Something that often puzzles international observers about Chile is why is it that, while the Chilean economy seems to be doing very well, there is widespread discontent among the citizens? A recent article in The Economist attributed this apparent paradox within society to persistent inequality, ‘as Chileans become better off, they want the government to guarantee a fairer society’.
This growing discontent is impossible to ignore, as it has been widely expressed through mass student demonstrations, regional protests that block access to whole areas of the country and a marked dissatisfaction with the centre-right government and indeed with the political class as a whole. A recent opinion poll asked do you approve or disapprove of the way the President and his team are managing the economy? And the response? 24 per cent approve and 58 per cent disapprove. According to The Economist article the recent student protests have:
“struck a chord in a society that is increasingly middle-class but remains highly unequal. Only 15 per cent lived below the poverty line in 2009, down from 45 per cent in the mid-1980s. But the distribution of income in Chile is the most unequal in the OECD … Taxes and government transfers do little to reduce inequality. The education system has locked in social inequality rather than breaking it down.”The solution to this societal imbalance could come through the introduction of reforms to the economic model that would improve income distribution through transfers and facilitate access to education. The Economist , cites approvingly Carlos Peña Gonzalez, Rector of Universidad Diego Portales who says that popular support for the student movement is “not really a radical rebellion against the market economy”. Rather, it is the consequence of a “gigantic revolution of expectations”.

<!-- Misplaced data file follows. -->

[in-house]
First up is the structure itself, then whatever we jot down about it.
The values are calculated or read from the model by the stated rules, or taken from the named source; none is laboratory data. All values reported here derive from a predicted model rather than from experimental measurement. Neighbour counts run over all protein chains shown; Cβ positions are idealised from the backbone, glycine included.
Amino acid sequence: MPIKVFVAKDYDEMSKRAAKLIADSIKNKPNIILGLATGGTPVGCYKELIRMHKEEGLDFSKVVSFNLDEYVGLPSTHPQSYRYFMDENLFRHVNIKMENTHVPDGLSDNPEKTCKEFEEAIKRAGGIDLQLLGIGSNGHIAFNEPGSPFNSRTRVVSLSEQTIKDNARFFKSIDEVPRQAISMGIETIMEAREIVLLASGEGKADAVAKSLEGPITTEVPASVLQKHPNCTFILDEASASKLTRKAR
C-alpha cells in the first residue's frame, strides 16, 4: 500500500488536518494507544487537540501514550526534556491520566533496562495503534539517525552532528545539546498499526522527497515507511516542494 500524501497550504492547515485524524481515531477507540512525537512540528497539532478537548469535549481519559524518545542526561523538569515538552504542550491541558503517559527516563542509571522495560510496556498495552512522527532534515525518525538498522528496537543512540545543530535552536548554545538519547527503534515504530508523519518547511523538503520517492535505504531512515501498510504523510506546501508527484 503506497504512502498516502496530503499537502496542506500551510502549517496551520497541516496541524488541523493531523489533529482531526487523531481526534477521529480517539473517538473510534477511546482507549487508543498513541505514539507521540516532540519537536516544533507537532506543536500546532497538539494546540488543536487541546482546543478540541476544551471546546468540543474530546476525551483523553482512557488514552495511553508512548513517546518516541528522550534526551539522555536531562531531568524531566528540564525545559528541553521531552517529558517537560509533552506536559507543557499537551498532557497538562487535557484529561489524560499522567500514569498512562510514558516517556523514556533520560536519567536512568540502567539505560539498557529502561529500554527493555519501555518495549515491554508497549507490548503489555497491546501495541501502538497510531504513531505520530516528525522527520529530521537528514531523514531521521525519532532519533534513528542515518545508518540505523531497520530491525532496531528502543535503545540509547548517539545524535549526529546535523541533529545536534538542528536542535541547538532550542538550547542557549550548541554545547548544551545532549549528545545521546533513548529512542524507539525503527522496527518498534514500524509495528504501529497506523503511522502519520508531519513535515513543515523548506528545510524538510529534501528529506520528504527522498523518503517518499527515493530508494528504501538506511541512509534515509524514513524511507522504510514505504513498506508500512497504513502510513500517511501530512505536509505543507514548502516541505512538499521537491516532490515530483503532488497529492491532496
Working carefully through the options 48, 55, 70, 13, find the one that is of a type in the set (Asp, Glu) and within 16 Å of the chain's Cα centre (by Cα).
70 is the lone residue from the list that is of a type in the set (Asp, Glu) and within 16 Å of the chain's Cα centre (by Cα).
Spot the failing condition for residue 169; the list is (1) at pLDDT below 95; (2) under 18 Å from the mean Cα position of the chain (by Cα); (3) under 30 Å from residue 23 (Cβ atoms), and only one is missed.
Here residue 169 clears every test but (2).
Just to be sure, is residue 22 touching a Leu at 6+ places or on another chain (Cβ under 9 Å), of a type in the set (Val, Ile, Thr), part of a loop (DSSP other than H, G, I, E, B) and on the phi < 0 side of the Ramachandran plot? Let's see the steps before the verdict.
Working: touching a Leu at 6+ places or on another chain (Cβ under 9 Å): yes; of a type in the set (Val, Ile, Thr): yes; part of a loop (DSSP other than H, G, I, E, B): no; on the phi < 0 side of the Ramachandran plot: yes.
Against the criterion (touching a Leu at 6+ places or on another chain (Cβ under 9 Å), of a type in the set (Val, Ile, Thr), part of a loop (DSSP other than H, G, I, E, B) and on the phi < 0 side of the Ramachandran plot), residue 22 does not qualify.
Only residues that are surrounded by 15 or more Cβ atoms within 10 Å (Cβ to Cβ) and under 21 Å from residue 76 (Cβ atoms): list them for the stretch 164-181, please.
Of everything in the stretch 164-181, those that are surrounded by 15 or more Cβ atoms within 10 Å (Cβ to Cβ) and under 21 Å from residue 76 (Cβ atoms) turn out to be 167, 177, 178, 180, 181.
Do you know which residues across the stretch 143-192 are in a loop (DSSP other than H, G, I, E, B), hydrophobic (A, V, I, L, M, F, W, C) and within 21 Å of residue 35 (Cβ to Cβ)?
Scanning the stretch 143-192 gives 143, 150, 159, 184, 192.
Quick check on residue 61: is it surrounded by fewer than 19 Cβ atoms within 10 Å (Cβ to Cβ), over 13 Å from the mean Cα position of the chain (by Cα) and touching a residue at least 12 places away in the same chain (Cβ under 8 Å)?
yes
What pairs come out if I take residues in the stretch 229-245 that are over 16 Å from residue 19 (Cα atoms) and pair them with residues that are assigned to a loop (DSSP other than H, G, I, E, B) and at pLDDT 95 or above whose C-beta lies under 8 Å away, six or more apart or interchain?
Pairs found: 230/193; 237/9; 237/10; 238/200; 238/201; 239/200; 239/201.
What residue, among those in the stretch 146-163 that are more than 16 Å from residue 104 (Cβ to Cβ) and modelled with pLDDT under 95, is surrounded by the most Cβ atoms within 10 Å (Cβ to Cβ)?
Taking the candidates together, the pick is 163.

However, as ever, the problem by my reckoning seems to go much deeper.
As Bradford de Long* discusses the United States in his paper ‘Re-Capturing the Friedmans’, his argument is equally applicable to any country, like Chile, which has adopted a neoliberal economic model. Writing in 1979**, Milton Friedman, the father of the monetarist-neoliberal economic model, predicted that the market economy would produce a sufficiently egalitarian distribution of income.
“The Friedmans argued”, writes De Long, “ that a minimal safety net for those whom bad luck or a lack of prudence had rendered destitute, and elimination of all legal barriers to equality of opportunity, would lead to the most equitable outcomes possible. Profit-seeking employers, using and promoting human talents, would bring us as close to a free society of associated producers as is attainable in this fallen sublunary sphere.”Evidently, this has not occurred, in the US or in Chile. In De Long’s words, in the United States, “the end of American preeminence in education, the collapse of private-sector unions, the emergence of a winner-take-all information-age economy, and the return of Gilded Age-style high finance have produced an extraordinarily unequal pre-tax distribution of income, which will burden the next generation and make a mockery of equality of opportunity.”
In other words, “the world described by the Friedmans is not the world in which we live”. On this basis, what is called for is a more fundamental rethinking of the model itself. The Economist and, more importantly, political leaders in Chile and elsewhere would do well to take note.
* Professor of Economics at the University of California at Berkeley, a research associate at the National Bureau for Economic Research and former Deputy Assistant US Treasury Secretary
** Milton Friedman and Rose D. Friedman, Free to Choose: A Personal Statement, New York, Harcourt Brace Jovanovich, 1990